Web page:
Hyderabad: Indigenous or tribal populations like the Andaman tribe Onge, who lived in isolation, have a special kind of genes that make them susceptible to Covid19, according to a study published by CSIR-CCMB in the Genes and Immunity journal.
The genetic material putting the tribal populations at higher risk of Covid infection is present due to their system of descent from the same ancestors, via marriages. Their children thus have a higher rate of identical genes. This increases the risk of mutations in smaller population groups.
With the aim of preserving their ethnicity and culture, this gene population does not marry from outside their group. As a result, there is the absence of diversity in their genes.
Dr Kumarasamy Thangaraj, director of CDFD Hyderabad attached to the CSIR-CCMB says, “We have investigated a high-density genomic data of 1,600 individuals from 227 ethnic populations. We found a high frequency of contiguous lengths of homozygous genes among Onge and Jarawa Andaman tribes and a few more populations.”
These tribes live in isolation and follow a strict endogamy. Tribal population forms 8.6 per cent of the nation’s population and number 10.4 crore as per the 2011 Census.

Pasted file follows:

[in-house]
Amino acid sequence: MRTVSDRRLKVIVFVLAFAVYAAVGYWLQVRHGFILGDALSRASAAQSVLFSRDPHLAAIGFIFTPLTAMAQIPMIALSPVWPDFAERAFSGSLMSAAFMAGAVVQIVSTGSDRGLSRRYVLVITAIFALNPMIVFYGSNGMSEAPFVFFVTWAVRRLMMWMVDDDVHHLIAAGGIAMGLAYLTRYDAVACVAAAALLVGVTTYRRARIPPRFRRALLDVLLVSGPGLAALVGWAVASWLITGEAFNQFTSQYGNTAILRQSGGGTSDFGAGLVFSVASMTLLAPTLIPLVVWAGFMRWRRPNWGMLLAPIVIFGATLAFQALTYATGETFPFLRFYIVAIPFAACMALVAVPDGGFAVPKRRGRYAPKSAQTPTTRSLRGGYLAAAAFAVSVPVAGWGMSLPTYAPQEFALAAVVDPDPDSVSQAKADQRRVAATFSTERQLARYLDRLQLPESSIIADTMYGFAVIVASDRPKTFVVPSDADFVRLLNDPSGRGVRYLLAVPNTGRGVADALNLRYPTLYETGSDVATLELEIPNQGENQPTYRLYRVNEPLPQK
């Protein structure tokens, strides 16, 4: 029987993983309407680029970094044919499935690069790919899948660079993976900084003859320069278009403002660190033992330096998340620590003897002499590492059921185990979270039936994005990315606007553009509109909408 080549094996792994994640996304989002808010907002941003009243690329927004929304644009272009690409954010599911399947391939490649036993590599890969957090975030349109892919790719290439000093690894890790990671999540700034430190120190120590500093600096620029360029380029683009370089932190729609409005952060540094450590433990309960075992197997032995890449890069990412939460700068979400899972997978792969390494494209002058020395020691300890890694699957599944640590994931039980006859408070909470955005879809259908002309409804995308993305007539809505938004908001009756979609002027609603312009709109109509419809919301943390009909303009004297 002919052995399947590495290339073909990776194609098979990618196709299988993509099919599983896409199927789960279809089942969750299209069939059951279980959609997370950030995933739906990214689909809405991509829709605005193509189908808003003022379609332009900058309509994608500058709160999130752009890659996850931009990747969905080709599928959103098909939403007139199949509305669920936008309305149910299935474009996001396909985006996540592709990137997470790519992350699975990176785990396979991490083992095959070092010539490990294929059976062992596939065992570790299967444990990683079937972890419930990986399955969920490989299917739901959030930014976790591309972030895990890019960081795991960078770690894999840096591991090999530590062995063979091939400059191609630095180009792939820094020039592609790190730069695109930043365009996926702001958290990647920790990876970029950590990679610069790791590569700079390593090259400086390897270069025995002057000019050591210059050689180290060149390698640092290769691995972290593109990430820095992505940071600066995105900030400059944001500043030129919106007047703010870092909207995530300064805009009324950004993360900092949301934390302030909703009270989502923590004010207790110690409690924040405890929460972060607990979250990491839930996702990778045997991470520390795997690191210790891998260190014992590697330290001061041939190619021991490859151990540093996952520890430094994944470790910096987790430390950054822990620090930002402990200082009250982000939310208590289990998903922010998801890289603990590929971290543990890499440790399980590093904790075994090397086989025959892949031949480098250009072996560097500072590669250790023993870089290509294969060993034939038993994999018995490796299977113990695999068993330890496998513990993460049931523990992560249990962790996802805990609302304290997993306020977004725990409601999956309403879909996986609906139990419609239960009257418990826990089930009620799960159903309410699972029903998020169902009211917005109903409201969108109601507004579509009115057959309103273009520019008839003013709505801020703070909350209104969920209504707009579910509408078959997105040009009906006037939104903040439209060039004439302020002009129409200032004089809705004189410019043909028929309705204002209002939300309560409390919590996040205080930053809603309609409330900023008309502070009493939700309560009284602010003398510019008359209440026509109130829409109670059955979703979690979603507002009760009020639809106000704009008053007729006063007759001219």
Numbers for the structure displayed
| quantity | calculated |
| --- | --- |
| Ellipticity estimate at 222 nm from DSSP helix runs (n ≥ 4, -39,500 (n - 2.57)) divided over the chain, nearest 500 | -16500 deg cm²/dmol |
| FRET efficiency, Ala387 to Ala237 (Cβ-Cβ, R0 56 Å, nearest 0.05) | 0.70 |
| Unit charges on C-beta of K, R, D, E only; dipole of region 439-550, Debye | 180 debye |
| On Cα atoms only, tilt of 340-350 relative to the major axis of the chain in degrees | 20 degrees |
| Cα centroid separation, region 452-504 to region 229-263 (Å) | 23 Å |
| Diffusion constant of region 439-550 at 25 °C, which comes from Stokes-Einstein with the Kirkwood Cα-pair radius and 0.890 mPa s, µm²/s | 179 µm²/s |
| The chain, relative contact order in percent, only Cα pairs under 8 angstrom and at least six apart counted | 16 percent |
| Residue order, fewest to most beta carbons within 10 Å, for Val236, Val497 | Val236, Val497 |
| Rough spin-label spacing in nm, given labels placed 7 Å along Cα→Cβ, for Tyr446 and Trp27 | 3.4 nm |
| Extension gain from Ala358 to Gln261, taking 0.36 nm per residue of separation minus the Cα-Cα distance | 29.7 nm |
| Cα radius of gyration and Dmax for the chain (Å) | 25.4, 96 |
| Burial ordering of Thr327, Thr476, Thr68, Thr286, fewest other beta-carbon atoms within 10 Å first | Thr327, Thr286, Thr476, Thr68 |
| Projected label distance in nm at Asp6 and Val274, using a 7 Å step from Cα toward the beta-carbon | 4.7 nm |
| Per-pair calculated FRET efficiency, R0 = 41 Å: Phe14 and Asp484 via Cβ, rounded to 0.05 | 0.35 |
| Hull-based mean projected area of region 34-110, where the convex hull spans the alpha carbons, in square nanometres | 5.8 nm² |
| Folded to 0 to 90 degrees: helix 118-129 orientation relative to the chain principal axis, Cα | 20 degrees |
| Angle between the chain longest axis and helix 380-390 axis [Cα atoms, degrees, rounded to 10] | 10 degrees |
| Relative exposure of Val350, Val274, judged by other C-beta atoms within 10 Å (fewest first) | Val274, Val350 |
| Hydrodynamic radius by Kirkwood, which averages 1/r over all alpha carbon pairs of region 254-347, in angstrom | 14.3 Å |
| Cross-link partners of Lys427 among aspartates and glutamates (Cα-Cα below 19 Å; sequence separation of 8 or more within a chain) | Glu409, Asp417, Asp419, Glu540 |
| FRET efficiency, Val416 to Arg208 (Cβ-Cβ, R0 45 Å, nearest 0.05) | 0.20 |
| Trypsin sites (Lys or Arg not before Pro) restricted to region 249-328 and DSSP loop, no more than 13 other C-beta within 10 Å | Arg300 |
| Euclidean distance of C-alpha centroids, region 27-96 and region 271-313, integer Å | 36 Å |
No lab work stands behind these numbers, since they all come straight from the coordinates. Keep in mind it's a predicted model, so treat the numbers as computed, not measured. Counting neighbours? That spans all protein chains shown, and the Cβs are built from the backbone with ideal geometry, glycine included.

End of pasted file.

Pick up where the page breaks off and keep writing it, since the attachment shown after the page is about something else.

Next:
The Government has recognized 705 ethnic or tribal groups but there are many more who have not been identified. Tribal populations are mainly of Gond, Bhils, Santhal and Advisasi whose numbers are large.
Smaller tribal populations are of Great Andamanese, Khasi, Garo, Angami, Munda, Bhutia, Chenchu, Kovada Toto, Nyishi, Bodo, Onge etc.
The study found that Great Andamanese and Onge populations have a high frequency of mutations.
“For the first time, genomic data was used to assess the risk of Covid19 on the small and isolated populations,” said Prof Chaubey, Professor of Molecular Anthropology at BHU, Varanasi.
The study arrived at the conclusion that high-priority protection and utmost care for these isolated populations are a must. Dr Vinay Kumar Nandicoori, director at CCMB says, "We cannot afford to lose some living treasures of modern human evolution. Steps must be taken to protect them. The pandemic in Brazil has seen twice the death rate among the indigenous population compared to the normal population. Some of these communities are on the verge of extinction in Brazil. In the South Asian region, these indigenous people must be protected from Covid19."
Other participants of the study were Prajjval Pratap Singh, Prof VN Mishra, Prof Royana Singh and Dr Abhishek Pathak from BHU, Varanasi; Dr Prashanth Suravajhala from Amrita University, Kerala; Pratheusa Machha from CSIR-CCMB, Hyderabad; Dr Rakesh Tamang from Calcutta University, Dr Ashutosh K Rai from Saudi Arabia, Dr Pankaj Shrivastava from FSL MP, and Prof Keshav K Singh from University of Alabama USA.